BREWER — The sharpest exchange in Tuesday’s hour-long debate between Susan Collins and Tom Allen occurred while the Senate candidates discussed the credit crisis that has resulted in a $700 billion federal economic package aimed at stabilizing world financial markets.
Collins, the Republican incumbent, laid much of the blame with Freddie Mac and Fannie Mae, the large quasi-public mortgage lenders that the federal government took control of last month to keep them afloat. She said both the Clinton and Bush administrations had warned Congress that the companies’ lending practices needed to be more tightly controlled.
Democrats, she said, resisted the idea.
“The Democrats in Congress said no,” Collins said. “I think that is the root of this problem.”
There are many culprits, she added: greedy traders on Wall Street, inadequate regulation, and unscrupulous mortgage lenders among them.
“The list goes on and on but at the heart, it is Freddie and Fannie,” Collins said.
Allen made it clear he disagreed with Collins. He said Democrats in the U.S. House supported reforms proposed in 2005.
“That is just not true,” Allen said. “The heart of the problem was the subprime mortgage business itself.”
Another significant problem was the lack of support from the Bush administration, according to Allen.
“The White House didn’t want more regulation. They wanted less regulation,” he said. “They were hoping that Fannie and Freddie would ultimately be privatized. Just think of where that would have taken us.”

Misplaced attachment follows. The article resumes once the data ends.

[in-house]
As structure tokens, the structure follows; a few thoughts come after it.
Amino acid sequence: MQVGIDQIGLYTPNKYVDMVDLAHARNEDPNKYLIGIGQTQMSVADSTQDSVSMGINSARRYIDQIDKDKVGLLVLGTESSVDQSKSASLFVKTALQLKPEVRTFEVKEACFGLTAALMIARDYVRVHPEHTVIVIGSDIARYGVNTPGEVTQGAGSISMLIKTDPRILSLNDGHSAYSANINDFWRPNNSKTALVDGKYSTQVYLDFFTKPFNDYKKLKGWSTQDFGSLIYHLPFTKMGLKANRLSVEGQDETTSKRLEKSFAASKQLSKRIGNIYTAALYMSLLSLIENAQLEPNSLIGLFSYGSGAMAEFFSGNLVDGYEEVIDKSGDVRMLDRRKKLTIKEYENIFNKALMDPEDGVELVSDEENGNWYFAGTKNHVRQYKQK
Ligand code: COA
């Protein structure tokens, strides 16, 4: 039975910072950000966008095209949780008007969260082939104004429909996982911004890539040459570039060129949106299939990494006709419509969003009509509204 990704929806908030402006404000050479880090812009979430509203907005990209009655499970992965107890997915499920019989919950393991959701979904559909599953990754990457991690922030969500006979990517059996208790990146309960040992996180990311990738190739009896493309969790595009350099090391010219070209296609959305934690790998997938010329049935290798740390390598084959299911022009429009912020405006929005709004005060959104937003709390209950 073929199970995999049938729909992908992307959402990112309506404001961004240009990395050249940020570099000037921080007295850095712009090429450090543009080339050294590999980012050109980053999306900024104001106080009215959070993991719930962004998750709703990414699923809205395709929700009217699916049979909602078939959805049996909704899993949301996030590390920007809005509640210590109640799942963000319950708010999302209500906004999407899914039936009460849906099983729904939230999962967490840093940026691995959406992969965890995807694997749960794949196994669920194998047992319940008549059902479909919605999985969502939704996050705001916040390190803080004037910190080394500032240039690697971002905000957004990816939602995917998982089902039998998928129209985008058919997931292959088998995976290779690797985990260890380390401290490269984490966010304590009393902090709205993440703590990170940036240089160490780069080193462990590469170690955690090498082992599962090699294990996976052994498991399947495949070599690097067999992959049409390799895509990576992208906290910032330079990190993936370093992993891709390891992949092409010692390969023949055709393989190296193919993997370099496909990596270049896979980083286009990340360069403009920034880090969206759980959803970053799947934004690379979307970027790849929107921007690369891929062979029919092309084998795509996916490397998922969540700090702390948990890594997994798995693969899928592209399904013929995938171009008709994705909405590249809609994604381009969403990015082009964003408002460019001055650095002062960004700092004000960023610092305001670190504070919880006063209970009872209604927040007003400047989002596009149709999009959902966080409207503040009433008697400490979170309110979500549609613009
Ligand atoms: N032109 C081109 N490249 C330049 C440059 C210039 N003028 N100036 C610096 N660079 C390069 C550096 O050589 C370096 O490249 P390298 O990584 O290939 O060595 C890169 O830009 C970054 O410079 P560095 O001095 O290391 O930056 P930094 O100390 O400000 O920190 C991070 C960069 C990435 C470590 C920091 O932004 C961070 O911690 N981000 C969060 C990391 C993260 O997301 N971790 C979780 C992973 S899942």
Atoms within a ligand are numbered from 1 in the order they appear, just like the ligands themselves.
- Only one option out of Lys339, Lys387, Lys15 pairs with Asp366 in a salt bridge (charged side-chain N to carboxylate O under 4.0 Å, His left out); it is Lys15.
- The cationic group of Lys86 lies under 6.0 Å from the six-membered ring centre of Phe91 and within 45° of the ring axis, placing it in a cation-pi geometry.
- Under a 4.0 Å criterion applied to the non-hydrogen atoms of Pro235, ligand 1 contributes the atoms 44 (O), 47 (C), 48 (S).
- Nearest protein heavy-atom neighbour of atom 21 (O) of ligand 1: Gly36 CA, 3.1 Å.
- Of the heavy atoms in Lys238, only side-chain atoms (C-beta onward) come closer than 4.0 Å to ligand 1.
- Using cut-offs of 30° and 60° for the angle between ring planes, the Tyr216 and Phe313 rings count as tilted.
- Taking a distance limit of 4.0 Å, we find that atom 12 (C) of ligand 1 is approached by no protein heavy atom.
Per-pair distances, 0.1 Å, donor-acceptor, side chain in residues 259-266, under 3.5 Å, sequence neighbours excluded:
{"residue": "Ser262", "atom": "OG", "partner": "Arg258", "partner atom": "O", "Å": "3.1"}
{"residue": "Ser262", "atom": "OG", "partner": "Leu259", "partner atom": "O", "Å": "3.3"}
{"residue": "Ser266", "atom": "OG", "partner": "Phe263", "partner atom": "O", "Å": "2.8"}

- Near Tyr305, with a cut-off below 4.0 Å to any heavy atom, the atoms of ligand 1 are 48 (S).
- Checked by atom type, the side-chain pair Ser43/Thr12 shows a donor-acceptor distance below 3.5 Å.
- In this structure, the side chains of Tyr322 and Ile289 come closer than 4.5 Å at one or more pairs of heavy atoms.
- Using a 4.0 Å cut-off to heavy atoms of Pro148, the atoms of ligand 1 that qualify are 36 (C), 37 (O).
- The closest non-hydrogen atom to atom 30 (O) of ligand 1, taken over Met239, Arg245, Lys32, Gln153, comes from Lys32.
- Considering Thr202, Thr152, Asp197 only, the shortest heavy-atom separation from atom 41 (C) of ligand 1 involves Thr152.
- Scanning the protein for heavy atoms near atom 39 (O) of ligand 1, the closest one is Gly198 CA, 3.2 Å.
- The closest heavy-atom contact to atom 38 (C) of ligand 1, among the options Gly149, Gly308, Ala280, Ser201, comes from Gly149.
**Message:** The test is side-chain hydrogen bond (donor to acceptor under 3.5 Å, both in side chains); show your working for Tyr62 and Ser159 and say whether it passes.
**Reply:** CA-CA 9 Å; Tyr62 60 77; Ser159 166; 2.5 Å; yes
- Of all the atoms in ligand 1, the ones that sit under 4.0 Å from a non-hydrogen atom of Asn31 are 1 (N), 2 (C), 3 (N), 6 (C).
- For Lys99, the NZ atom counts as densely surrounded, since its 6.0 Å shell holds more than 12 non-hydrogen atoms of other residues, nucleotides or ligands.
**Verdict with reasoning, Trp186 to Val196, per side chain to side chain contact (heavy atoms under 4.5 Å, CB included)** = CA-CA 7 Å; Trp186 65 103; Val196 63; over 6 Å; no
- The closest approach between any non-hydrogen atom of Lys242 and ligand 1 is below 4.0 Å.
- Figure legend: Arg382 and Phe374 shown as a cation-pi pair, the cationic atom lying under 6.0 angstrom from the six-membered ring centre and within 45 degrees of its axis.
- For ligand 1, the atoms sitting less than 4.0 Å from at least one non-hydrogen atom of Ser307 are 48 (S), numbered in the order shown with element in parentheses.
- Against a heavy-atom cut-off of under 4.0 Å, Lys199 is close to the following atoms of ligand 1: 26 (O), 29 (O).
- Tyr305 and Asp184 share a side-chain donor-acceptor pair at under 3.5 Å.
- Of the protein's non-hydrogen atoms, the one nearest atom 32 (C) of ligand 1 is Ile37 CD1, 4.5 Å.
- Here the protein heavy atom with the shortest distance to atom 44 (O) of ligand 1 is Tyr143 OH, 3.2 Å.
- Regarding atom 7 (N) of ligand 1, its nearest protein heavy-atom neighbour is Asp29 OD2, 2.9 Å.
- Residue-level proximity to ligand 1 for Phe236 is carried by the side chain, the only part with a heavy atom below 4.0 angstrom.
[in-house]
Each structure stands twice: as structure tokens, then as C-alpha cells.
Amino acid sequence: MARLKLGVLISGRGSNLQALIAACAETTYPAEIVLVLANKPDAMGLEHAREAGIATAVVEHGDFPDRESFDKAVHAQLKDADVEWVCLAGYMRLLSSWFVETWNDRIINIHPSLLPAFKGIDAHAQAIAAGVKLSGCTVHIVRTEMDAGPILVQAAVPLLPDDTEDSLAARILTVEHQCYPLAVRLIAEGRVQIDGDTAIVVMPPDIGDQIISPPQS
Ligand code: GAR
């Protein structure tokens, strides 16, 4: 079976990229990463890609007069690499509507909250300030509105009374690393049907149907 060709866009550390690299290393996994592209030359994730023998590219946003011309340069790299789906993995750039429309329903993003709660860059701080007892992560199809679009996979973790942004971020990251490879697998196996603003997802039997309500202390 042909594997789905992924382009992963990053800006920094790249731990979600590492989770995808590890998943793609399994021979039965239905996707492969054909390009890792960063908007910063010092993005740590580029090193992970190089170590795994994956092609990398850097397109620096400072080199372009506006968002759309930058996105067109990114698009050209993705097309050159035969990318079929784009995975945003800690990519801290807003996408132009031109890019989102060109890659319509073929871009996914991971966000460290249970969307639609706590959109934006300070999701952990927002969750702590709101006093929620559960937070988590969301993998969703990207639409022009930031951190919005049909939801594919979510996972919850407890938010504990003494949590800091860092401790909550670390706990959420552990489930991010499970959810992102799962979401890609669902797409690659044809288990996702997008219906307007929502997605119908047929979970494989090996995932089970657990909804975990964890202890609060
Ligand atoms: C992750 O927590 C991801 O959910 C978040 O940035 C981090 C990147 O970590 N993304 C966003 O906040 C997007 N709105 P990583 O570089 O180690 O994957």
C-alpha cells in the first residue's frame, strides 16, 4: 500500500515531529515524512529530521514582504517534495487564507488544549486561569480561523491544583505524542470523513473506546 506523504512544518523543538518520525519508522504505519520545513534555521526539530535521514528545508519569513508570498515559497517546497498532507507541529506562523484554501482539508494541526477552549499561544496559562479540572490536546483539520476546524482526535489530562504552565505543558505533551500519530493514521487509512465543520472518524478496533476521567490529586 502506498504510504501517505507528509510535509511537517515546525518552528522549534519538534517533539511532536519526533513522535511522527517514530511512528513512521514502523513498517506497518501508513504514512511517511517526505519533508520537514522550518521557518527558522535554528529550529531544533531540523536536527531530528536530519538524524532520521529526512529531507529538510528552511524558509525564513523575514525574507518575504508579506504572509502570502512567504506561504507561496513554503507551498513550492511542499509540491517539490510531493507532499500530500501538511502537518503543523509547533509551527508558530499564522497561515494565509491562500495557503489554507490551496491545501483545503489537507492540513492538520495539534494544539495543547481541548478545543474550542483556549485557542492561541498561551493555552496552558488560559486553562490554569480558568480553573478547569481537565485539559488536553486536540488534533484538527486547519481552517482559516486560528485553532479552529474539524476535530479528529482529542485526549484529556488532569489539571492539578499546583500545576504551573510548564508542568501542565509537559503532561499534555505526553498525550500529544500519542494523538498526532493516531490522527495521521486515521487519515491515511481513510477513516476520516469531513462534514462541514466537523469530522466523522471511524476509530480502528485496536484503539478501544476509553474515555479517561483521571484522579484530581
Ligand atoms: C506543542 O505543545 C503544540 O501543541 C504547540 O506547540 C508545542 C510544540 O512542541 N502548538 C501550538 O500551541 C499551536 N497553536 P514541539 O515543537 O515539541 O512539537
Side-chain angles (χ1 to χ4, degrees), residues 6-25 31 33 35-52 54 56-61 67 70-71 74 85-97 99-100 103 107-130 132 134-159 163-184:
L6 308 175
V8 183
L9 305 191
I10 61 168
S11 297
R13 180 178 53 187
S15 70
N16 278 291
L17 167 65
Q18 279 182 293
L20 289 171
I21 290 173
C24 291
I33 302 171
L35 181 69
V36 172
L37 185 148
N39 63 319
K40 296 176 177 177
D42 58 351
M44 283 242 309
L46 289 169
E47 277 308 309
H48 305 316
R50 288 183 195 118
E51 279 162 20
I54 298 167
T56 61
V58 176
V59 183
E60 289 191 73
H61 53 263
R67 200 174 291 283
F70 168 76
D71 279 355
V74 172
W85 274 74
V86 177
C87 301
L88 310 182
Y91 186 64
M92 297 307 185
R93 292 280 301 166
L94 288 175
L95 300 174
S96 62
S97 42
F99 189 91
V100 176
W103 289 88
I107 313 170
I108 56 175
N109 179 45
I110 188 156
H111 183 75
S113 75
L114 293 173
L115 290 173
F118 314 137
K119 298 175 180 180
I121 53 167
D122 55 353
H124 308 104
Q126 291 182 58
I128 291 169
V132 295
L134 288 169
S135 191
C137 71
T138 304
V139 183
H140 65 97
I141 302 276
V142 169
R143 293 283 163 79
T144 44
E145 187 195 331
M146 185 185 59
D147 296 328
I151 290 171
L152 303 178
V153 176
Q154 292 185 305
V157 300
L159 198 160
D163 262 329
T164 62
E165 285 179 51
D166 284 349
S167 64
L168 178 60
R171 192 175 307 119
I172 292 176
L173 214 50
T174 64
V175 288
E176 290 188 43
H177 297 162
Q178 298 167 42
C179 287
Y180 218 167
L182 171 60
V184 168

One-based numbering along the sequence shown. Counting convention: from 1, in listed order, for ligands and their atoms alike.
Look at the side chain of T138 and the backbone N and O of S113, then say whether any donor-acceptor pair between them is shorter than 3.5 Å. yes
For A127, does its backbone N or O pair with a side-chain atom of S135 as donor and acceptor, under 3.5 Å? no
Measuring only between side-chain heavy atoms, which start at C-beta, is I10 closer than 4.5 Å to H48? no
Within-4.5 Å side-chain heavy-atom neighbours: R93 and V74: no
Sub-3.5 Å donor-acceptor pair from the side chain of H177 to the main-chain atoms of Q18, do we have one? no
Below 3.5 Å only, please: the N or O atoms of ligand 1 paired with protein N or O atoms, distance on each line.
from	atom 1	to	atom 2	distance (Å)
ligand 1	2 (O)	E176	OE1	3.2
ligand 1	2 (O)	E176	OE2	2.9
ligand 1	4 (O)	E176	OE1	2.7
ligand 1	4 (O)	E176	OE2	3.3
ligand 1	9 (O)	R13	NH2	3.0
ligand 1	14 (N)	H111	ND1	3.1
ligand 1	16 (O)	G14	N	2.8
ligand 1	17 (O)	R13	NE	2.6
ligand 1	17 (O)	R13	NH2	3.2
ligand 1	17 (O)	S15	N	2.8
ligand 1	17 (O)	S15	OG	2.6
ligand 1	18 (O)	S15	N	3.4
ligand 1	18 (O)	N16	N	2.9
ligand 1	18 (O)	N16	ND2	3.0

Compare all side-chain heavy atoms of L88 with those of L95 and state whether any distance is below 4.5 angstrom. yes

More than 200 people attended the debate, which was held at Jeff’s Catering and sponsored by Bangor Region Chamber of Commerce.
On other debate topics, Allen and Collins seemed to share similar perspectives.
Federal research and development funding for UMaine’s Advanced Engineered Wood Composites Center and for biomedical research institutions such as The Jackson Laboratory can help lead to private, spin-off companies that help keep Maine’s college graduates from moving out of state, they each said.
They each expressed support for increased access to health care and for development of an east-west highway through northern Maine.
They also said they supported increasing truck weight limits on federal highways to improve safety on Maine’s secondary roads and reduce fuel costs for local trucking companies.
Collins frequently cited her record, or support of certain projects. She said she has successfully advocated for more federal funding for disease research and housing assistance. She cited the Cianbro Eastern Manufacturing Facility in Brewer and the Northern Border Regional Commission as examples of how communities or even states can benefit by working together.
Allen expressed support for these efforts but said more substantial support for them could be achieved by doing away with Bush’s economic policies, which he said Collins has supported. Because of Bush and Collins, the economy and federal support for such programs have suffered, he said.